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Q: Tax Question: Claiming son as dependant ( Answered 5 out of 5 stars,   2 Comments )
Subject: Tax Question: Claiming son as dependant
Category: Business and Money > Accounting
Asked by: bear383-ga
List Price: $10.00
Posted: 29 Sep 2005 07:44 PDT
Expires: 29 Oct 2005 07:44 PDT
Question ID: 574191
I am 24 years old and live with my mother.  She claims me as a
dependant every year on her taxes.  She earns 101,000 per year (I can
check with her if you need exact numbers). I recently got a job and
she is worried that she will not be able to claim me as a dependant
come tax time.  Is this true? Is there a maximum amount I can earn,
afterwhich she can no longer claim me as a dependant?

I will consider the question answered if: The answers includes this
amount (or an approximation) OR a literature source that allows me to
calculate this amount.

Other Info:  We reside in Westchester, NY.  My parents are divorced
and my father does not claim me as a dependant.  I reside solely with
my mother.
Subject: Re: Tax Question: Claiming son as dependant
Answered By: omnivorous-ga on 29 Sep 2005 08:34 PDT
Rated:5 out of 5 stars
Bear383 ?

Unless you?re a full-time student UNDER the age of 24, there are 5
tests that you have to pass to be claimed as a dependent:

1.  Member of household for the entire year or a relationship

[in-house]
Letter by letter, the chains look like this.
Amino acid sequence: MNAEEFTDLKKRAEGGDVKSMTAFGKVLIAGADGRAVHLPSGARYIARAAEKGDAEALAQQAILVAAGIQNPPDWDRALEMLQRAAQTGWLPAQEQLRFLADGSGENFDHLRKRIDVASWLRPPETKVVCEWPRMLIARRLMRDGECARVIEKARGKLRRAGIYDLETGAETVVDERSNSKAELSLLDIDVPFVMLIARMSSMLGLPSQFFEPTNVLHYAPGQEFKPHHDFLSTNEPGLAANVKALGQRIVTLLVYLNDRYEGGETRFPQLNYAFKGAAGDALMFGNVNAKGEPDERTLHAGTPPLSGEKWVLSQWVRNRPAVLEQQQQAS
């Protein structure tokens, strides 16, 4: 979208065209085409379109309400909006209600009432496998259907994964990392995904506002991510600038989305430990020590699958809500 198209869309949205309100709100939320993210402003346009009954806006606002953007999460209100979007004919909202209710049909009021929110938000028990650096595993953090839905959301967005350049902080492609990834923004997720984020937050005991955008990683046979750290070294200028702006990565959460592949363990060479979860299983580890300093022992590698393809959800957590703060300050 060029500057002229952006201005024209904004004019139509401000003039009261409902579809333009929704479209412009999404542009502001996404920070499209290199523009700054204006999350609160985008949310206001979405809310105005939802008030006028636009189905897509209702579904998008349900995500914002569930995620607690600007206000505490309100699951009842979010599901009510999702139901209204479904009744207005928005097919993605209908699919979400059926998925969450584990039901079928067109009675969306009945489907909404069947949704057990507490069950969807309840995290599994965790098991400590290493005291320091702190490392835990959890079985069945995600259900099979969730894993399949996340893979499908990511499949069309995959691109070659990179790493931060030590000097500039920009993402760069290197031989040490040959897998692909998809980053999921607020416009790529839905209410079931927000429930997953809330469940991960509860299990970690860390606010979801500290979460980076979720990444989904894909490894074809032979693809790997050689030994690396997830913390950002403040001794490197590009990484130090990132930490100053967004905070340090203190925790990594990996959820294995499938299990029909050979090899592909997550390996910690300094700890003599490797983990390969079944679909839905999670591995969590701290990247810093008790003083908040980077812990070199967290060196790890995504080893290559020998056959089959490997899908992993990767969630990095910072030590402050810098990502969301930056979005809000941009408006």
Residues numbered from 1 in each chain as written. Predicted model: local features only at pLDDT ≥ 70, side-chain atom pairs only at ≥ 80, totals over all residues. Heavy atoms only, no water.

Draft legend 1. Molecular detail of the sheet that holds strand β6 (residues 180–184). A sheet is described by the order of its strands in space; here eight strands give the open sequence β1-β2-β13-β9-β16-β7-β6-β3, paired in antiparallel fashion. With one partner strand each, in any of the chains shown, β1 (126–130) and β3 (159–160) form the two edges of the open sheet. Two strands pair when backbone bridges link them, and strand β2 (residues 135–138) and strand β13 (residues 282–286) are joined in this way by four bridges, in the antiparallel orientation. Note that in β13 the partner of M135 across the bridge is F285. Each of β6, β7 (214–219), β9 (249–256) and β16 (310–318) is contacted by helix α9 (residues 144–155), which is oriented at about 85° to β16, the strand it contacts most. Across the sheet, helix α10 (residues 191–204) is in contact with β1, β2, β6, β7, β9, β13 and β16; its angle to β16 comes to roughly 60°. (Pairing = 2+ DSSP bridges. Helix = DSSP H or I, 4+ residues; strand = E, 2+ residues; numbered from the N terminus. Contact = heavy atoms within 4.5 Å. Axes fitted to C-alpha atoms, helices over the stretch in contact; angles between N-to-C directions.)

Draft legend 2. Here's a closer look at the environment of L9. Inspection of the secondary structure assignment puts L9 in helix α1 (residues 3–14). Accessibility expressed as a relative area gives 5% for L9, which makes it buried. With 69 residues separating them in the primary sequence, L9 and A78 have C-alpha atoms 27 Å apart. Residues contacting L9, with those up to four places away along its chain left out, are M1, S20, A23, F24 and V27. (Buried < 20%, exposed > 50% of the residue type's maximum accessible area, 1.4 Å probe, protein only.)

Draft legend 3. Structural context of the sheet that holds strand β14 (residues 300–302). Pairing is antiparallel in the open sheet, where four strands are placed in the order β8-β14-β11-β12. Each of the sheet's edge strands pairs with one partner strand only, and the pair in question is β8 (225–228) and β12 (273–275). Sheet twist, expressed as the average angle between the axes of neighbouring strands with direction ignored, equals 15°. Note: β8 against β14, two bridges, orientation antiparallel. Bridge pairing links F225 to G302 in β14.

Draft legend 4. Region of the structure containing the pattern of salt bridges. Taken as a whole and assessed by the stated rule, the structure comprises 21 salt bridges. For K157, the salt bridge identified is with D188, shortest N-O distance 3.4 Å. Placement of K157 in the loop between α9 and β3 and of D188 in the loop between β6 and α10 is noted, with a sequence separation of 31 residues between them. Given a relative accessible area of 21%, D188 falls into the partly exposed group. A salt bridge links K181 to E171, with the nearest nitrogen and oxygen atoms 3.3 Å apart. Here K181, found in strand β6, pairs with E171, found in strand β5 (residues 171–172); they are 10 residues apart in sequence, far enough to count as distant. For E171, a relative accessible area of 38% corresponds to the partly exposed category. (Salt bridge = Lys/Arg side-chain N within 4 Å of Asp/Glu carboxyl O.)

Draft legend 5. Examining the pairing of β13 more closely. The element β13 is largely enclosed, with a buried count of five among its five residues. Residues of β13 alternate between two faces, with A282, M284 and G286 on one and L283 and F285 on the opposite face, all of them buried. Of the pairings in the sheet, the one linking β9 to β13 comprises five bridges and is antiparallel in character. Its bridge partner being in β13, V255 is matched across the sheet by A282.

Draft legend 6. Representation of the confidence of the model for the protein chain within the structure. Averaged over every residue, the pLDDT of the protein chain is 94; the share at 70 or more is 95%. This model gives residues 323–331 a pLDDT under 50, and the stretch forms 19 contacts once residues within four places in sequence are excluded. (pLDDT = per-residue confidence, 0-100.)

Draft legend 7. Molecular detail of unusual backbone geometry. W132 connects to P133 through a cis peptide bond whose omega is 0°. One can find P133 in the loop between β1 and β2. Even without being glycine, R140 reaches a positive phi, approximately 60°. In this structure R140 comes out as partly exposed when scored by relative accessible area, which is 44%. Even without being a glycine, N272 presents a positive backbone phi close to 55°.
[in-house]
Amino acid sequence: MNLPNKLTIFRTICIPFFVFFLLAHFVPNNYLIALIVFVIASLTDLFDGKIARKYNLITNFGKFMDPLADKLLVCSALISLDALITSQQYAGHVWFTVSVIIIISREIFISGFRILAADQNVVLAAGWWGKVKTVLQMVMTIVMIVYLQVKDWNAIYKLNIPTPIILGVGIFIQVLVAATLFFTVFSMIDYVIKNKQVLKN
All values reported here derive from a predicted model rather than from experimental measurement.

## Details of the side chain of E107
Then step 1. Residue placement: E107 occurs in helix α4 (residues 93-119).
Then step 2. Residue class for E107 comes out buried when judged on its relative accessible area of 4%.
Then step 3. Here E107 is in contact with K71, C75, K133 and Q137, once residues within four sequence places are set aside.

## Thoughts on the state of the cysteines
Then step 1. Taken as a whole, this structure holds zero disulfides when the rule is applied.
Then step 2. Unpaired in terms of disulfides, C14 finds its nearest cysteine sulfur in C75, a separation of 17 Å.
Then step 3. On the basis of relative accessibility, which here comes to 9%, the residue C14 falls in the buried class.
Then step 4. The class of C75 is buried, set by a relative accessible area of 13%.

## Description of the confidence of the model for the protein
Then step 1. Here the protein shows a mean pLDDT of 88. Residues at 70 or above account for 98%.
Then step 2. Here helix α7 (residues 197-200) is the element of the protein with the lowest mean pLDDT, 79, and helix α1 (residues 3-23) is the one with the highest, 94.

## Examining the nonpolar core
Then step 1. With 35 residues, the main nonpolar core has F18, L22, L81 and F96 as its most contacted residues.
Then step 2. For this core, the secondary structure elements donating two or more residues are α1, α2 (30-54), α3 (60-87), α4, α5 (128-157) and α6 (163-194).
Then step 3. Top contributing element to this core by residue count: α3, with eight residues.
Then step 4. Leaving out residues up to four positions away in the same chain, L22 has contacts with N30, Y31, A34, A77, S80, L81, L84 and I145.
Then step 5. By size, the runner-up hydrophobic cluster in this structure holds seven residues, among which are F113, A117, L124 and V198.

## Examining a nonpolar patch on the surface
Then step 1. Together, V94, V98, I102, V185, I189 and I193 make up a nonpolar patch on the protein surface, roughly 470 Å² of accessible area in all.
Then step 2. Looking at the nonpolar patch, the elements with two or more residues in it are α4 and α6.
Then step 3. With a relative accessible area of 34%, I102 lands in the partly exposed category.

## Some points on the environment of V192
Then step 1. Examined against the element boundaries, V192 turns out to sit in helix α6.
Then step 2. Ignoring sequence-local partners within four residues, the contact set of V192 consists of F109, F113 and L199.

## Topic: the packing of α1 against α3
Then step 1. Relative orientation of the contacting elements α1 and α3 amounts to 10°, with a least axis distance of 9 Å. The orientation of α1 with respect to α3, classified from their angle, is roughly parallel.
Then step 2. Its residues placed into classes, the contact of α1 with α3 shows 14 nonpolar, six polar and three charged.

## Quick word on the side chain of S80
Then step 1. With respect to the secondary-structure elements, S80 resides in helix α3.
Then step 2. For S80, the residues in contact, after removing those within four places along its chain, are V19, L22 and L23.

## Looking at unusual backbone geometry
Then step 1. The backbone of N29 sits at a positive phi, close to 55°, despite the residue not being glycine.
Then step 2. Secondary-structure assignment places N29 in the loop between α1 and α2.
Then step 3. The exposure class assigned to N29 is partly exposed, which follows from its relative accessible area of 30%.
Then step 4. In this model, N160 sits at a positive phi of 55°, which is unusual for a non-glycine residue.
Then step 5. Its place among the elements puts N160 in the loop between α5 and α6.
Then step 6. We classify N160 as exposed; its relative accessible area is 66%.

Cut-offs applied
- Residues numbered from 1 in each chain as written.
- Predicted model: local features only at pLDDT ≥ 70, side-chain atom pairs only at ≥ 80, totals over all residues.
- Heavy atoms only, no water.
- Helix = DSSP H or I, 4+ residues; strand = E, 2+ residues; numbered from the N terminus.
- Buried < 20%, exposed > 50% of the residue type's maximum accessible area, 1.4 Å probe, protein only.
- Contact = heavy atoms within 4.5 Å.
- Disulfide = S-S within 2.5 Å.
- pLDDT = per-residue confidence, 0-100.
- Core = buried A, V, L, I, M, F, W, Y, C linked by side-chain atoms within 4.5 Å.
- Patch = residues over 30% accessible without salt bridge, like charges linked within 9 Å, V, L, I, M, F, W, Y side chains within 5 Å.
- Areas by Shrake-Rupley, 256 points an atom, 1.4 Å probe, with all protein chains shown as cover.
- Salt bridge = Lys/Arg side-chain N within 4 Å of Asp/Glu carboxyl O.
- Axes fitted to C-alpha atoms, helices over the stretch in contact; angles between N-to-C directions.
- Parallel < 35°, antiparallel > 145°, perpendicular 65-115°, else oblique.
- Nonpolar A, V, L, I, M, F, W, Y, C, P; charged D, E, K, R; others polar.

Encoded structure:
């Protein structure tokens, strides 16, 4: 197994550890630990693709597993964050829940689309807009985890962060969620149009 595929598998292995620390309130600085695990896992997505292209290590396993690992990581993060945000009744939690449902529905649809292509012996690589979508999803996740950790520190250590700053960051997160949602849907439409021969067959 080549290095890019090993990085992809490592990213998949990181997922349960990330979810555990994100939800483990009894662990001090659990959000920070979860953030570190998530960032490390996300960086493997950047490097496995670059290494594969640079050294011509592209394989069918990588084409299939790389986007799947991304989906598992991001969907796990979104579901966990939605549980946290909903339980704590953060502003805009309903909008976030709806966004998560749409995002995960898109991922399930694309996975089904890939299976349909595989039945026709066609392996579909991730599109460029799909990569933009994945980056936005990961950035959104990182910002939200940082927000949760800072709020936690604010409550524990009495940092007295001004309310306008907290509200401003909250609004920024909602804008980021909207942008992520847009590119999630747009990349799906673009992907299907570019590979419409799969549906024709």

2.  Citizen or resident of the U.S., Canada or Mexico
3.  You do not file a joint return test, 
4.  Your gross income test had to be under $3,100 (2004 tax year rules) 
5.  Your mother must provide more than half of your support

U.S. Internal Revenue Service (IRS)
?Topic 354 ? Dependents?

Note too that if you?re filing an income tax return, only one of you
can claim you as an exemption.

Publication 501, ?Exemptions, Standard Deduction and Filing
Information? also covers the same topic here in detail ?

?Exemptions for Dependents?

Google search strategy:
Search site for ?dependents?

Best regards,


Request for Answer Clarification by bear383-ga on 29 Sep 2005 08:41 PDT
So if I pass only 4 (I have earned more than 3,100) that means there
is no way for her to claim me. Right?


Clarification of Answer by omnivorous-ga on 29 Sep 2005 09:07 PDT
Bear383 --

You have to pass all 5 (excluding some of the special categories noted
in IRS publications).  Topic 354 says specifically, "If you want to
claim a dependency exemption for a person, all five of the following
dependency tests must be met."

Best regards,

bear383-ga rated this answer:5 out of 5 stars

Subject: Re: Tax Question: Claiming son as dependant
From: nelson-ga on 29 Sep 2005 10:17 PDT
The good news is you can take a deduction for yourself on federal (but
not state, I believe) tax.  You cannot deduct yourself if someone
claims you as a dependant.
Subject: Re: Tax Question: Claiming son as dependant
From: bear383-ga on 29 Sep 2005 11:08 PDT
Even if I live with my mother?

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